WTF is… Norwegian bus culture?

A quick guide to Norwegian politeness: Three steps to get off the bus without human contact.

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WTF is... WTF is?

WTF is…? is a column where Studvest’s English section points out different interesting or strange aspects about living in Norway from an International’s perspective. The column can be both serious and light hearted, and is based on the journalist’s own experience.

To me, even after living amongst Norwegians for half a year, one of the most puzzling things about them is still their way of social interaction. Depending on the situation Norwegians can either be the politest people of all time, or the most antisocial human beings ever. It might be the climate, or the fact that there are just over five million of them, but sometimes it seems like they are simply overwhelmed with other people and would much rather sit on a mountain top, alone, with their Kvikk Lunsj and an orange by their side. 

Just like the rest of us, even Norwegians are obliged to go to university, work or school. Because of limited parking space and the astronomical toll fees most of them do so by taking public transport. Which leads to the same challenge every day: How to get on and especially off the bus or Bybanen with as little human interaction as possible? 

If there is one unwritten rule it would probably be:

Don‘t talk to people. Especially if you don‘t know them already. 

Norwegians are not on the bus to socialize. Nobody is, but they take it a bit further than most cultures. Where you might get away with talking to your seat-mate in other countries, in Norway that’s definitely a big faux pas and probably considered an invasion of privacy. Therefore, getting off the bus requires a whole array of non-verbal signals to tell them that you have to get out, without actually telling them. Here is my quick step-by-step guide to fit in by making  them believe you’re antisocial as well.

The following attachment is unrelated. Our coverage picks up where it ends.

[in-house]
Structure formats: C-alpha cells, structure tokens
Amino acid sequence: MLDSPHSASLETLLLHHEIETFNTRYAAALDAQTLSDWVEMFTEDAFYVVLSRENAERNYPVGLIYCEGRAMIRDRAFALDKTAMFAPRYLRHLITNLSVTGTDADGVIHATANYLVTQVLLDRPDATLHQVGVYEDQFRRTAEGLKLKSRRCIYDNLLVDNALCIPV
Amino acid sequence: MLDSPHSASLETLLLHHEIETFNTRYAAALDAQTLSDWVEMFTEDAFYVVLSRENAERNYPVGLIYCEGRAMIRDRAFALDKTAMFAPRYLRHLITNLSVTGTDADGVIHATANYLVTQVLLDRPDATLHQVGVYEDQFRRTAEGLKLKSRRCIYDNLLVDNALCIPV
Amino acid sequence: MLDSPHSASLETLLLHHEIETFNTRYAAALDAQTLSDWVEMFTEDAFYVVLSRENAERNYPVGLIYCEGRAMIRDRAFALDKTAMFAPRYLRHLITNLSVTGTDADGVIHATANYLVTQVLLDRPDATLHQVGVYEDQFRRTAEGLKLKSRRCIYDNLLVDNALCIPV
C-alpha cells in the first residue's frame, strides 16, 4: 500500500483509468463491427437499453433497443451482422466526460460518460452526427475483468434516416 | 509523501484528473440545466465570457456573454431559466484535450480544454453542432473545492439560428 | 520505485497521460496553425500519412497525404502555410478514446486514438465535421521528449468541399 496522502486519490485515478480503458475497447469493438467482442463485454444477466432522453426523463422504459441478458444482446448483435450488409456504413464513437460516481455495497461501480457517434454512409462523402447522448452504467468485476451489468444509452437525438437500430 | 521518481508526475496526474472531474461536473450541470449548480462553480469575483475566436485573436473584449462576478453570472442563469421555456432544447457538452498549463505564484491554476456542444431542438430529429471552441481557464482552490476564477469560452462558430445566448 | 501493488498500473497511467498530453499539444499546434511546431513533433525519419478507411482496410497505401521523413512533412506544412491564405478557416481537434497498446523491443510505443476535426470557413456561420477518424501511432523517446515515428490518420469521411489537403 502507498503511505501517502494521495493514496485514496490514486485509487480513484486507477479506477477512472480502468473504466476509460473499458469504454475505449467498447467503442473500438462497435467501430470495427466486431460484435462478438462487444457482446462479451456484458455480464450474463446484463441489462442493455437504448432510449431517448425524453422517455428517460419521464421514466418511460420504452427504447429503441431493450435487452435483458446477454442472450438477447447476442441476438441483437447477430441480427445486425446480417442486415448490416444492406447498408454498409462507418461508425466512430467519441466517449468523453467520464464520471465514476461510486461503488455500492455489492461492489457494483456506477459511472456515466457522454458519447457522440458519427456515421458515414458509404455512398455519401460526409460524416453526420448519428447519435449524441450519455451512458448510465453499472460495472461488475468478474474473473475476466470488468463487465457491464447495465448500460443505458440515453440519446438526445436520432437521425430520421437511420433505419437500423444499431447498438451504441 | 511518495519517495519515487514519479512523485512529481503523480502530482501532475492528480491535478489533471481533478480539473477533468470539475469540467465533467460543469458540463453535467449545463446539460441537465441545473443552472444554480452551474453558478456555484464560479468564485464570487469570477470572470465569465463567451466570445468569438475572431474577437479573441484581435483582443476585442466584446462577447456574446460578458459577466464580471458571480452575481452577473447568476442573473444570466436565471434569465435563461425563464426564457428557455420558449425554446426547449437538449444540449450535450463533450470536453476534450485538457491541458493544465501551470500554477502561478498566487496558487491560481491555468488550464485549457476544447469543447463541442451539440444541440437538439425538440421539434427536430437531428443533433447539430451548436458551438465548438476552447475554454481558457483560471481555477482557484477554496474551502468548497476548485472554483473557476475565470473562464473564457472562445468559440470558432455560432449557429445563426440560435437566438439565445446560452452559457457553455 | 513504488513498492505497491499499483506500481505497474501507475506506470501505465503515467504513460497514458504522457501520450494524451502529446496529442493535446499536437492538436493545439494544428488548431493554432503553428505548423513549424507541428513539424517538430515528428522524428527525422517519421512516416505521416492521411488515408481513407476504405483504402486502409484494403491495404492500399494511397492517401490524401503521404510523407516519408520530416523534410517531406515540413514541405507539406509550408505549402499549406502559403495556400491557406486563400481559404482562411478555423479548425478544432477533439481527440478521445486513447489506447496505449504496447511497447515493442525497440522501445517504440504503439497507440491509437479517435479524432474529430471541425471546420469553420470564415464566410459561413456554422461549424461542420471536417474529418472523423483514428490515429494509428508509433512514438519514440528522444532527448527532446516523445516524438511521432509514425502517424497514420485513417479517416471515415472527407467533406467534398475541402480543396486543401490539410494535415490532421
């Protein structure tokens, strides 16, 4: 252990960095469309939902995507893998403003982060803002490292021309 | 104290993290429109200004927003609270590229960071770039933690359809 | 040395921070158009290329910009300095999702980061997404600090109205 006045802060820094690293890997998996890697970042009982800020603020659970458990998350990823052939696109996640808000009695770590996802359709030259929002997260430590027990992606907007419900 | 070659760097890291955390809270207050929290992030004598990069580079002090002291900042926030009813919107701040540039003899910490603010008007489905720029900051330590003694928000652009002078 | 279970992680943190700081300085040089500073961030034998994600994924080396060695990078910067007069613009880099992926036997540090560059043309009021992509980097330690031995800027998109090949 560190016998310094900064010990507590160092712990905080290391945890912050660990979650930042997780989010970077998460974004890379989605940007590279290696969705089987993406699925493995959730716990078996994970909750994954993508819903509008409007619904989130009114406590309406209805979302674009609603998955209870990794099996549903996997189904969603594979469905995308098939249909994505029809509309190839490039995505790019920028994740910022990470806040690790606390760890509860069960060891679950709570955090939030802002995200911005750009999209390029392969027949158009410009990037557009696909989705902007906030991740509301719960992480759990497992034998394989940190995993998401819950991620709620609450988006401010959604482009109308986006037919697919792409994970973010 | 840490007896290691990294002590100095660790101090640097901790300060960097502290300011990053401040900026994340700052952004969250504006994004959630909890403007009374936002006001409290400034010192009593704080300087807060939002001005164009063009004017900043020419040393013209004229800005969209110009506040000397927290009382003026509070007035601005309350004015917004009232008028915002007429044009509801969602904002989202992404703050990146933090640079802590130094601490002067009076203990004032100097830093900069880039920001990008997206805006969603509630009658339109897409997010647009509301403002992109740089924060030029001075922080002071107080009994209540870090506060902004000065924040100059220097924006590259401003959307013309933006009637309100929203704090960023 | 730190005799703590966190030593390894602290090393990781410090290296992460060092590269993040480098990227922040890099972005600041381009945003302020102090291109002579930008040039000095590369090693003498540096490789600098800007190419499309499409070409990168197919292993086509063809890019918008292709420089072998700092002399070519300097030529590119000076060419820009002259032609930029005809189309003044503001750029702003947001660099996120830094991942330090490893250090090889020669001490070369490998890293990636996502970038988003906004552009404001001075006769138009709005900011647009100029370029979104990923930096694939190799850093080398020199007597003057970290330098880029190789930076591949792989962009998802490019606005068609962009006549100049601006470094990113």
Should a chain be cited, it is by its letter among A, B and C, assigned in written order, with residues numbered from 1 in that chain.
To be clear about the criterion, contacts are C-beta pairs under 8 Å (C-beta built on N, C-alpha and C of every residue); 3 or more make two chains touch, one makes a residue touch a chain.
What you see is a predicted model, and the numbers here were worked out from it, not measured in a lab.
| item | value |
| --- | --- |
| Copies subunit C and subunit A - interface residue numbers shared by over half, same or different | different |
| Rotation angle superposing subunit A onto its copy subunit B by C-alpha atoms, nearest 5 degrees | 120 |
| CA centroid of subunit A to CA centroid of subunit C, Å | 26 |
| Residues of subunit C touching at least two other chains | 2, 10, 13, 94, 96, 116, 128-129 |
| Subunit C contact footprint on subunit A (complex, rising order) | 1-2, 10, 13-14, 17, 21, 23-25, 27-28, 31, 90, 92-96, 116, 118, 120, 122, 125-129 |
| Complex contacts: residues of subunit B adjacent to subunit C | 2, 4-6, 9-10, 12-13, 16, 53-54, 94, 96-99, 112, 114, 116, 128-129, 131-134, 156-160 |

Press the stop button before anybody else does. This signals «I need to get out» without any misunderstandings. However, be warned: Timing is key here! If you press it too early you might have to stand in the aisle because your bus is nowhere near your stop, while pressing it too late might cause the granny beside you a heart attack from getting up too fast. 

Rely solely on non-verbal signals involving your personal belongings. You can sit up more straight, pick up your umbrella, rustle your backpack a little and store your cellphone in your pocket, so that everybody around you knows you are preparing to get out at the next stop. 

Accept the failure. Your mission to blend in with the Norwegians was unsuccessful, you need to move on to actually using verbal communication before you end up in Knarvik or at the airport. Nevertheless, still try to tone it down by mumbling «unnskyld», while nodding towards the door, still trying to keep it as impersonal as possible. 

In the end even Norwegians are just people. Some of them might be uncharacteristically extroverted, while others might fit the cliche a bit better: Avoiding human kind during the weekdays, just to run around Bergen, intoxicated, on a Saturday night hugging strangers. It’s never a good idea to overgeneralize people, but in spite of it all, clichés always have a bit of truth in them. And who knows, one day you might even find yourself in Sandviken after a water-pipe burst, talking to really social Norwegians you just met while walking towards the next bus stop. You might even be enjoying free candy that Skyss handed out to apologize for the inconvenience. 

With Norwegian politeness you never know.

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